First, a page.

Over the past two years, student government has given out about $295,000 to student and academic organizations, said Corey Snyder, student government’s director of finance.
But some student organizations say that student government has requested they return money raised from student government-funded events, meaning organizations don’t make a profit from these events.
“We did not want organizations making a profit off of something we funded,” Snyder said.
This rule, enacted in spring 2017, has discouraged some organizations, such as Chapman on Broadway, from seeking funds for productions.
Margot New, director of “Chicago The Musical,” said that Chapman Student Organizations Production had requested funding from student government to rent audio and lighting equipment for the production.
Though New was aware that ticket sale profits would have to be given back to student government, the strictness of the rule took her by surprise.
“(Student government) has changed their culture from funding people outright to wanting clubs to attempt fundraising and then ask for money (back) – which was new information to us,” she said. “We first requested around $13,000, but they denied our request because we hadn’t attempted any fundraising, and we were requesting about $3,000 more than last year.”
Snyder confirmed this, adding that student government had already funded the purchase of the staging rights, which cost $2,000.
Underclassmen pay $70 per semester to student government, which is included in tuition payments. Snyder said this is why student government can afford to allocate funds to student organizations.
“We do this because a large portion of the student fee goes to us, so we feel it’s our responsibility to disperse back among the students,” he said.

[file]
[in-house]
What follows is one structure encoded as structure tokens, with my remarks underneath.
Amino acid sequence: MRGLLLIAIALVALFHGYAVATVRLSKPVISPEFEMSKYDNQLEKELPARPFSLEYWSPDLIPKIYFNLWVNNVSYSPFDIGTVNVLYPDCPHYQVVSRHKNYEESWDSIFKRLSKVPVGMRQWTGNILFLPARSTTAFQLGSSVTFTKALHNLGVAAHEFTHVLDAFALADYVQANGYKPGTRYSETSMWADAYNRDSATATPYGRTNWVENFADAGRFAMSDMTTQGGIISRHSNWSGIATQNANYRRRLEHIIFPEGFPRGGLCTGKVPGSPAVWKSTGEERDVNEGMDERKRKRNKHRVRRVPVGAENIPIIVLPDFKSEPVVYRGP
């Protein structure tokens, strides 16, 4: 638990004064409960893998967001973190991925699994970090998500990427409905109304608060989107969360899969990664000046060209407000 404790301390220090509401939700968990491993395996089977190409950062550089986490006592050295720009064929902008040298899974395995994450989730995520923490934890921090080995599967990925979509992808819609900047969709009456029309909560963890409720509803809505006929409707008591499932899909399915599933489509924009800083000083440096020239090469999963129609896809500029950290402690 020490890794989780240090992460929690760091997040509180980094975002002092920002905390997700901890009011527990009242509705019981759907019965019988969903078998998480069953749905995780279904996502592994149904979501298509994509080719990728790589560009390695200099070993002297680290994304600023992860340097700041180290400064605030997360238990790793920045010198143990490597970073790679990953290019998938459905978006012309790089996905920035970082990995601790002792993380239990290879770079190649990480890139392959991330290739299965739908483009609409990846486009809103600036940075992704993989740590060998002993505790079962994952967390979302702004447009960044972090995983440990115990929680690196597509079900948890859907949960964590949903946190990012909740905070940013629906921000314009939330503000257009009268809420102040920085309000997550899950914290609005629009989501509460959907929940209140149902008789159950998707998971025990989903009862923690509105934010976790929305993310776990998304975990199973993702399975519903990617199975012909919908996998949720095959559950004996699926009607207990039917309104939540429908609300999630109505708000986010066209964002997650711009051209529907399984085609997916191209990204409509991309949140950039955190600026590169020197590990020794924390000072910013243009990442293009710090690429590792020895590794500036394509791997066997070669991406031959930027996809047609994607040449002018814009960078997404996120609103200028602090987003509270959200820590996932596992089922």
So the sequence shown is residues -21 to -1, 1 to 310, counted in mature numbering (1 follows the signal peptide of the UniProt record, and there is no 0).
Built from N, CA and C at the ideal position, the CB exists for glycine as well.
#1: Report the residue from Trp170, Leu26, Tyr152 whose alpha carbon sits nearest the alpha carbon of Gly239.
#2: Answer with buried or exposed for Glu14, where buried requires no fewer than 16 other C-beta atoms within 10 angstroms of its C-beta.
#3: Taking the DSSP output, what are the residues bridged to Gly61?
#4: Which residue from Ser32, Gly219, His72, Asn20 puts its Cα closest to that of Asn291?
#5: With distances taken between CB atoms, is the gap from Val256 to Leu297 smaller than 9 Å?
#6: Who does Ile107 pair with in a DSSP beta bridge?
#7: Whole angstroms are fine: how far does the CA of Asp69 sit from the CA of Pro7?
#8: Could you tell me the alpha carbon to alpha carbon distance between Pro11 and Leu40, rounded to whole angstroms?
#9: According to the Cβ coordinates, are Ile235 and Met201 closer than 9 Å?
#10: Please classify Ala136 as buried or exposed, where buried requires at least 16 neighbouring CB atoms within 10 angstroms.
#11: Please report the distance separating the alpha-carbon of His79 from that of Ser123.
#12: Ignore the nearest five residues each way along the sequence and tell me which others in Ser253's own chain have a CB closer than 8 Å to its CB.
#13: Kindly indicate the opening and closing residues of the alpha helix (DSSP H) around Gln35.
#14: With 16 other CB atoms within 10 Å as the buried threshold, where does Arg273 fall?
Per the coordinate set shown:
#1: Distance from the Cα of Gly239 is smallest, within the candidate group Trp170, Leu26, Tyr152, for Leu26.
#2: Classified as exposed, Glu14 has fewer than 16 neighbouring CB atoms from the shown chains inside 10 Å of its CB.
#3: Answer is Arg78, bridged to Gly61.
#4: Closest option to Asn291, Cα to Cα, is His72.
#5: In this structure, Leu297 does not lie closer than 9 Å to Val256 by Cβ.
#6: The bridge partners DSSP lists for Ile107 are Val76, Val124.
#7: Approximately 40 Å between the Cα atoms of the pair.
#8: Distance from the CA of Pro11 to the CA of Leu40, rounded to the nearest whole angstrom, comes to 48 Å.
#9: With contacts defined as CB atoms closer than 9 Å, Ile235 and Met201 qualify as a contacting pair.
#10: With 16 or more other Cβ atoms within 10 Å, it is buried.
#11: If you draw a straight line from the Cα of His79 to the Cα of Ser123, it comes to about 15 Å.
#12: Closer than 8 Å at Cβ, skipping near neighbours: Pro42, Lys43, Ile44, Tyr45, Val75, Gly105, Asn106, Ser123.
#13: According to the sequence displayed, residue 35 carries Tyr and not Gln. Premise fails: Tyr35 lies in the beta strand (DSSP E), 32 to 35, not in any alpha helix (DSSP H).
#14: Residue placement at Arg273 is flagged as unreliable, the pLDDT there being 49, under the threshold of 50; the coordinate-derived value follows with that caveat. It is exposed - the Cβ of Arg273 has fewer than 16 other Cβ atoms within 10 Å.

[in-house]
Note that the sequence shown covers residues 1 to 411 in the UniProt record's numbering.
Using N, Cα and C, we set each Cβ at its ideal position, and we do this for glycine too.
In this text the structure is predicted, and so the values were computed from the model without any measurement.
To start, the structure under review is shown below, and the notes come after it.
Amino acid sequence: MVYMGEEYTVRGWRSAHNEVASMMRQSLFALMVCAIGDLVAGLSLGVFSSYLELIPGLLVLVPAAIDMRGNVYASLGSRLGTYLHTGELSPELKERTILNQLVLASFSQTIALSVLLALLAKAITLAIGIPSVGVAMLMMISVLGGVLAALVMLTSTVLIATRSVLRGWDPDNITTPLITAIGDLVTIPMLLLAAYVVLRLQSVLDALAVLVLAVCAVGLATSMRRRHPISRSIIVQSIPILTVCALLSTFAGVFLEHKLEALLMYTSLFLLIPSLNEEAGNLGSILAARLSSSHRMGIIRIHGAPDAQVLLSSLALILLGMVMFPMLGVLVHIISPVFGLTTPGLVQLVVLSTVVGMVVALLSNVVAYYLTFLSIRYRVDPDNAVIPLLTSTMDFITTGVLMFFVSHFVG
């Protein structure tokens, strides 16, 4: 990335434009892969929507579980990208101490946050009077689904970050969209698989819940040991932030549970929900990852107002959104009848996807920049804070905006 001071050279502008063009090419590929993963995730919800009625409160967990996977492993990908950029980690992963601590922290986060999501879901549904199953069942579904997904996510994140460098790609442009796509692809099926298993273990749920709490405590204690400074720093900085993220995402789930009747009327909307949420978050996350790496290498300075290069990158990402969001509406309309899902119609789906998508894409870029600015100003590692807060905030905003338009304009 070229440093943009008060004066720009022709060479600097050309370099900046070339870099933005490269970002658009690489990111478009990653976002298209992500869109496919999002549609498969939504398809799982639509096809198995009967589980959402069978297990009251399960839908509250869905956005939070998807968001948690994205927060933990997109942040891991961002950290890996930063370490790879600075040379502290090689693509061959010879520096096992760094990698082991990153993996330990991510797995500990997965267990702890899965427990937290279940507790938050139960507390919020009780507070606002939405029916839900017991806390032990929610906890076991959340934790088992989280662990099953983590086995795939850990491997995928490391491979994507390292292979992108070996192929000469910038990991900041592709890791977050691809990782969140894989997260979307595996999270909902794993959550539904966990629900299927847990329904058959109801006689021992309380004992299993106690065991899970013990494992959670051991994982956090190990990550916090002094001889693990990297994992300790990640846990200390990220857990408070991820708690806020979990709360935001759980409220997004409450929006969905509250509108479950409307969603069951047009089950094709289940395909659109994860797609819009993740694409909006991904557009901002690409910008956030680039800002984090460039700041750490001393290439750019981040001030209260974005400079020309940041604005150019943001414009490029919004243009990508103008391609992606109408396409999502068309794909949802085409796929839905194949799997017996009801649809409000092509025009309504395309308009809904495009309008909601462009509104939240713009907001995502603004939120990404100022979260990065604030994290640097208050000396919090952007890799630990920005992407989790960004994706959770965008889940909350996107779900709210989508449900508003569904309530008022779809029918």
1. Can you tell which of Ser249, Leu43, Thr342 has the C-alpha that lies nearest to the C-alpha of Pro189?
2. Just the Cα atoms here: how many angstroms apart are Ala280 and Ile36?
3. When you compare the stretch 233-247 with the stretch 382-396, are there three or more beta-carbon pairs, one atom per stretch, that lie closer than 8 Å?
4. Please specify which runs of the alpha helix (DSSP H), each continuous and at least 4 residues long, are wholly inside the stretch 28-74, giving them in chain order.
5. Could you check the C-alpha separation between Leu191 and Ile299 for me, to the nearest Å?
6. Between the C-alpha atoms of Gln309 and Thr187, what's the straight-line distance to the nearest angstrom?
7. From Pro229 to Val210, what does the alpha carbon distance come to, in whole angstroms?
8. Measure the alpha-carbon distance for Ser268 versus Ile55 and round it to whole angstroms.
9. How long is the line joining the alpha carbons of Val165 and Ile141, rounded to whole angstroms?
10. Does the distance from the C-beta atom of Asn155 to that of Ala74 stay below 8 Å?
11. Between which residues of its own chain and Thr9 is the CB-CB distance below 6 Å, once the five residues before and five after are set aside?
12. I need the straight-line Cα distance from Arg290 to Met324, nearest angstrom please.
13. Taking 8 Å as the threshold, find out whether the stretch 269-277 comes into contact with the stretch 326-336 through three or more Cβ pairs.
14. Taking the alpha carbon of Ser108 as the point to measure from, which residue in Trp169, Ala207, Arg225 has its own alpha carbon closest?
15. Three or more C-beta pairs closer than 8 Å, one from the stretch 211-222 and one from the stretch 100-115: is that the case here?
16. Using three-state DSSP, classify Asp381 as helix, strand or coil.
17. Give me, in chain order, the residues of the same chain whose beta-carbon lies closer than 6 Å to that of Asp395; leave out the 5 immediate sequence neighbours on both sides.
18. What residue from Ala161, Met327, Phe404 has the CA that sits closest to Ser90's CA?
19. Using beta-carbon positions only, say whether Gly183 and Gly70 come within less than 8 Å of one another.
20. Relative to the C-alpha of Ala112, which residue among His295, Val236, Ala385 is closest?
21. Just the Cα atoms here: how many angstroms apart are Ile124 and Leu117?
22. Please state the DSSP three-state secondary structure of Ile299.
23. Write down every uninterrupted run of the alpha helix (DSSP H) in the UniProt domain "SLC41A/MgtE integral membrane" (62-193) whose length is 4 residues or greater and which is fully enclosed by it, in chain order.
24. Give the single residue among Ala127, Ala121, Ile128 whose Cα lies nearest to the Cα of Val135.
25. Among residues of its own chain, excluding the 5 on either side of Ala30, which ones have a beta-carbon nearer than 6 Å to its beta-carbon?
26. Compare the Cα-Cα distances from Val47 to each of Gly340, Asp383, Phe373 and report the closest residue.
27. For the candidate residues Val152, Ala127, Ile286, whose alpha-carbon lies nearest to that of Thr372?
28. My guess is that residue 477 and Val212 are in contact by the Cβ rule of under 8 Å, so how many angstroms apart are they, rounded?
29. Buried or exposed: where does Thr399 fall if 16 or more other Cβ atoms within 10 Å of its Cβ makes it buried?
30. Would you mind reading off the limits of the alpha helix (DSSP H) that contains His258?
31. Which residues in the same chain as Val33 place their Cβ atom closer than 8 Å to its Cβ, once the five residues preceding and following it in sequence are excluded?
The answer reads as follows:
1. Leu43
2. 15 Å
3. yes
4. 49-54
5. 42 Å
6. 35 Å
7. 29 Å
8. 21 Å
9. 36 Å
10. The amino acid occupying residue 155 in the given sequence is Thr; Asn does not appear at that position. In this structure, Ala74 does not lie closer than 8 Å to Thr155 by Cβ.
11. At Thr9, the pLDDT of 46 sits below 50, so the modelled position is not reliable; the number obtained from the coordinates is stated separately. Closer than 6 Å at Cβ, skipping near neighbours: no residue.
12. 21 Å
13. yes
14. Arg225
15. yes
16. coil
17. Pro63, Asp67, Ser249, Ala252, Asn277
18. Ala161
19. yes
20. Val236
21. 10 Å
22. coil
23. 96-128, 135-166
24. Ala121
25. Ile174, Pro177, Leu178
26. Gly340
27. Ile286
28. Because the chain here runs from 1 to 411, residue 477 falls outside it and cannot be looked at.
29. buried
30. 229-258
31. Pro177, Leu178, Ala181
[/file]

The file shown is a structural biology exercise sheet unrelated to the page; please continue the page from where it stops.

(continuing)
Student government gave between $8,000 and $10,000 to Chapman Student Organizations Production each spring, Snyder said, and student government wanted to have enough in its budget to support all student organizations through the end of the semester.
Sophomore screenwriting major Caleb Levine is involved in the Alpha Epsilon Pi fraternity and Moonlight Mic, which are two student organizations that have requested funding from student government in the past. Levine said that student government asking for money back is “a bit stingy.”
“I don’t think it’s fair for (student government) to ask for money back, especially if our tuition is what’s going into (its) budget for student organizations,” he said.
New said she understands why student government asks for funds back, as it just follows written policy, but student government’s role in student organization funding requests needs to be clarified.
“If (student government) wants to act like a legitimate investor, then sure, ask for the money back,” New said. “But if (student government) wants their purpose to be to assist and support students in learning about theater and live entertainment … then they shouldn’t make us pay them back.”